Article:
Olive has no extras, not even the trailer.  Imprint doesn't have the trailer either, but comes in a stylish slipcase; and more importantly, they've got some impressive goodies.  First up is an expert commentary by Michael Brooke, and it's damn good.  A lot of "expert" commentaries and featurettes I've watched lately have been eye rollingly indulgent if not outright wastes of our time.  But this guy's pretty great, very well informed, leaves no dead air, cites lots of sources and is consistently interesting.  I wish other commentators would aim for this standard, even if they can't reach it every time.  Also on here is a visual essay by Kat Ellinger, and similarly, I've been a little let down by some of her recent output... maybe she's just agreeing to too many projects and unable to devote enough time to them all?  Or maybe she just takes a deeper interest in some films and their special features more than others?  I don't know, but she nails it here.  Starting off very informative and citing interesting sources, then easing into her excellently made thesis that this is an under-appreciated (including by Bergman himself) feminist work.

My only nitpick, and this is admittedly a petty one, is that she uses fake film damage, jitter and projector noise... you know, that fake "old timey" video filter that comes packaged in every free video editor.  And it's like, why spoil the rare photos she's sharing in her video for a silly gimmick?  There's never a good reason to degrade good footage with those cheesy filters.  But again, I acknowledge that's pure nitpickery; just a little pet peeve of mine.  Honestly, I might've skipped over both of these extras if I didn't feel obligated to watch them for this review, but I'm glad I gave them the chance and recommend all you readers do the same.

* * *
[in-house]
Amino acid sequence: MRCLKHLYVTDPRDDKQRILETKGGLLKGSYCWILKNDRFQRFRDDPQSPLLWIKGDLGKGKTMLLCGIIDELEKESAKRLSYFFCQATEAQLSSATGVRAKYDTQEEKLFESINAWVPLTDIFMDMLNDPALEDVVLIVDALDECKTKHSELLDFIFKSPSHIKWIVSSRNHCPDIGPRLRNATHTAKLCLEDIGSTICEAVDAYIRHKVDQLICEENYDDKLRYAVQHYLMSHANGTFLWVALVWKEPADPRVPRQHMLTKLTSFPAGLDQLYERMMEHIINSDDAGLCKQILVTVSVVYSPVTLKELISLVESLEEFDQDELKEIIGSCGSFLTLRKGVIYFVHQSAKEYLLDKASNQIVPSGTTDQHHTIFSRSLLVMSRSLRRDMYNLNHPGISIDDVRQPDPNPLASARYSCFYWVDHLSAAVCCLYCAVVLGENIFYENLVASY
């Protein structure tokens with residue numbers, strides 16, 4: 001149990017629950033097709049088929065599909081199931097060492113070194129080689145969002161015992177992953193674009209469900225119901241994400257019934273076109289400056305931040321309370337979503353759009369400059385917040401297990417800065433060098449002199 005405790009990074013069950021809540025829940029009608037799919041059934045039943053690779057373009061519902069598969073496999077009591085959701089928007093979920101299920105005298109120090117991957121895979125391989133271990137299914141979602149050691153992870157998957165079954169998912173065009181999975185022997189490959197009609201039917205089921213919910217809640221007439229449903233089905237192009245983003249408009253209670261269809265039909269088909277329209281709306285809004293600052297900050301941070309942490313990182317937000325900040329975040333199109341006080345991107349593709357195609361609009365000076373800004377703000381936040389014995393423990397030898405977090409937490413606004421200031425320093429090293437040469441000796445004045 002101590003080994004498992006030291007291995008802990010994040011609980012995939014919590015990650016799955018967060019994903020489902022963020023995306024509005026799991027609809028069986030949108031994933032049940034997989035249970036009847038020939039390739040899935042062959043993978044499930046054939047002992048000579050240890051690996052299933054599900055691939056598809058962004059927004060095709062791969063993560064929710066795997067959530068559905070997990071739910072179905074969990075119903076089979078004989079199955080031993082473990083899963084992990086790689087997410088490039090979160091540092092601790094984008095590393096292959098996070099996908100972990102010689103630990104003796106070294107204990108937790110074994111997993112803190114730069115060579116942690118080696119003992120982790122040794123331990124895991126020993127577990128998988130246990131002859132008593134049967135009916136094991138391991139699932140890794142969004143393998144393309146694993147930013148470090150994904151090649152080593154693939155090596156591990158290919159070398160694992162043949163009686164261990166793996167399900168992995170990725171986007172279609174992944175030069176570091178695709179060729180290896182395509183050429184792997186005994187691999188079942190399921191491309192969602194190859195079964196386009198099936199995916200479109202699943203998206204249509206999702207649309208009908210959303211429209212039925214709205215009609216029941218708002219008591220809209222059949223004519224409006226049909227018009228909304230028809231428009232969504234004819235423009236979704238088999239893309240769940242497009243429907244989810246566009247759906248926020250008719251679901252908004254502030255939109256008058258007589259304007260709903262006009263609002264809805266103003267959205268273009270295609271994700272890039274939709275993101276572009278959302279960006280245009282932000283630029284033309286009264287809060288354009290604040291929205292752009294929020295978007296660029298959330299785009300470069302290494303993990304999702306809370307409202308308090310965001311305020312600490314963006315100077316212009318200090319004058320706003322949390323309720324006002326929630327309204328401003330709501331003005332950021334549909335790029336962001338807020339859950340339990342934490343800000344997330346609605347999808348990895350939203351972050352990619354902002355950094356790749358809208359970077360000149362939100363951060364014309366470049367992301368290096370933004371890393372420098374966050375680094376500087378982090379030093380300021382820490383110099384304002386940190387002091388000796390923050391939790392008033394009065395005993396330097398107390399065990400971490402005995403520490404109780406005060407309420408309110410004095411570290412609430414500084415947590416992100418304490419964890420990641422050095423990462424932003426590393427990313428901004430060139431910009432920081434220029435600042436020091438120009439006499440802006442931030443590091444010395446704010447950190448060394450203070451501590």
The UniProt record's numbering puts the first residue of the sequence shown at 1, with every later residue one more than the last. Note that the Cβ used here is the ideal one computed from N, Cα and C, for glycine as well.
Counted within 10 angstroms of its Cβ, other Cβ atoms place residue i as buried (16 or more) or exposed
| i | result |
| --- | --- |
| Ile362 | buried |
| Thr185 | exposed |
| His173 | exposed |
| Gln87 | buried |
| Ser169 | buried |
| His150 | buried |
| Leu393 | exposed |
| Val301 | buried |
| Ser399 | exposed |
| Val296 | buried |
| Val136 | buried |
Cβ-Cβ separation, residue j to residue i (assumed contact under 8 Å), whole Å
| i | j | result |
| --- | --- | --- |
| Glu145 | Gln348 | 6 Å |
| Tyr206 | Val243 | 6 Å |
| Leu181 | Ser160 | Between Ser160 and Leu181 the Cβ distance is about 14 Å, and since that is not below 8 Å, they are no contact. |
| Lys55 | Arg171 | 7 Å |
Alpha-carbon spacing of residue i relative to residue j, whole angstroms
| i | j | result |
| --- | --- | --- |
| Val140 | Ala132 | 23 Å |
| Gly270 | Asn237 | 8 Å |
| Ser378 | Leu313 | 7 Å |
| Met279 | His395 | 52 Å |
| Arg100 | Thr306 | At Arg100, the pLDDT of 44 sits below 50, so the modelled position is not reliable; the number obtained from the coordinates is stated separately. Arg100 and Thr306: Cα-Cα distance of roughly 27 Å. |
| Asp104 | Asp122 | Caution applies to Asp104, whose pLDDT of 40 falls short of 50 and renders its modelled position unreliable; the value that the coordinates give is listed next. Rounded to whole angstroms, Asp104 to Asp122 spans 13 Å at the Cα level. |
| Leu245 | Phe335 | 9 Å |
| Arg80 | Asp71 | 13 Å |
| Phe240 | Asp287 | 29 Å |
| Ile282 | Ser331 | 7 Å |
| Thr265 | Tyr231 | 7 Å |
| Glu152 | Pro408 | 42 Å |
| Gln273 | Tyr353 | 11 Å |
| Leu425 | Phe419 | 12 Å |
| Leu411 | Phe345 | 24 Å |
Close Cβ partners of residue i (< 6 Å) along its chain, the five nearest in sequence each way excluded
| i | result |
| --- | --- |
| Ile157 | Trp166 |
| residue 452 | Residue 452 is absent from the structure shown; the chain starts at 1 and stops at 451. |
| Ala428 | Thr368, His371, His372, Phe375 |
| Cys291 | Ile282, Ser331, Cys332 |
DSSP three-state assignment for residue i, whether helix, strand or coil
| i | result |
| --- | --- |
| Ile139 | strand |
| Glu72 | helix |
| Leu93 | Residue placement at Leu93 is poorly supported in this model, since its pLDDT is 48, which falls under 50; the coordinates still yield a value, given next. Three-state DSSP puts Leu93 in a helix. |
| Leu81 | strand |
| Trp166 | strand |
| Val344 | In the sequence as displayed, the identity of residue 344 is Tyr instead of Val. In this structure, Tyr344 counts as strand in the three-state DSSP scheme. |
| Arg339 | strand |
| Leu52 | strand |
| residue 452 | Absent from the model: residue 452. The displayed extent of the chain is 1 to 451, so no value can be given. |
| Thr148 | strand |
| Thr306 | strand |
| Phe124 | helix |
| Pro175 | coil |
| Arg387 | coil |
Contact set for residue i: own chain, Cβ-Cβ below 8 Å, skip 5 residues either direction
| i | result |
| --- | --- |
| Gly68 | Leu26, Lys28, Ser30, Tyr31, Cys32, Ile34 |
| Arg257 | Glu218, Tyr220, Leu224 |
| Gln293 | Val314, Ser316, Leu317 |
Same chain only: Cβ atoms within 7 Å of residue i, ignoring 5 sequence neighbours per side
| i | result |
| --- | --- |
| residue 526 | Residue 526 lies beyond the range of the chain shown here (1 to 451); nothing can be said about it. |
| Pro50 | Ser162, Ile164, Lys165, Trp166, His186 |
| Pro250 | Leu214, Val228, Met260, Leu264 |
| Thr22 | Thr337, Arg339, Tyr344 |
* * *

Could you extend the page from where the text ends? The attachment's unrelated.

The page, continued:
Finally, we end with the most underrated of the three, 2000's The Image Makers.  This is another made-for-Swedish-television project, and in this case really looks it.  It's all set in one room like a stage-play, which in fact it originally was, although the camera is certainly moving and cutting around.  This one's directed by Bergman (and he also directed the original theatrical production) but written by Per Olov Enquist (Pelle the Conqueror), although it really, really feels like a Bergman script, to the point where I suspect he at least had a hand in rewriting it for the screen, and perhaps rather liberally.  It's certainly an interesting coincidence that both this and Face To Face have an older person tell a middle-aged woman that "old age is Hell."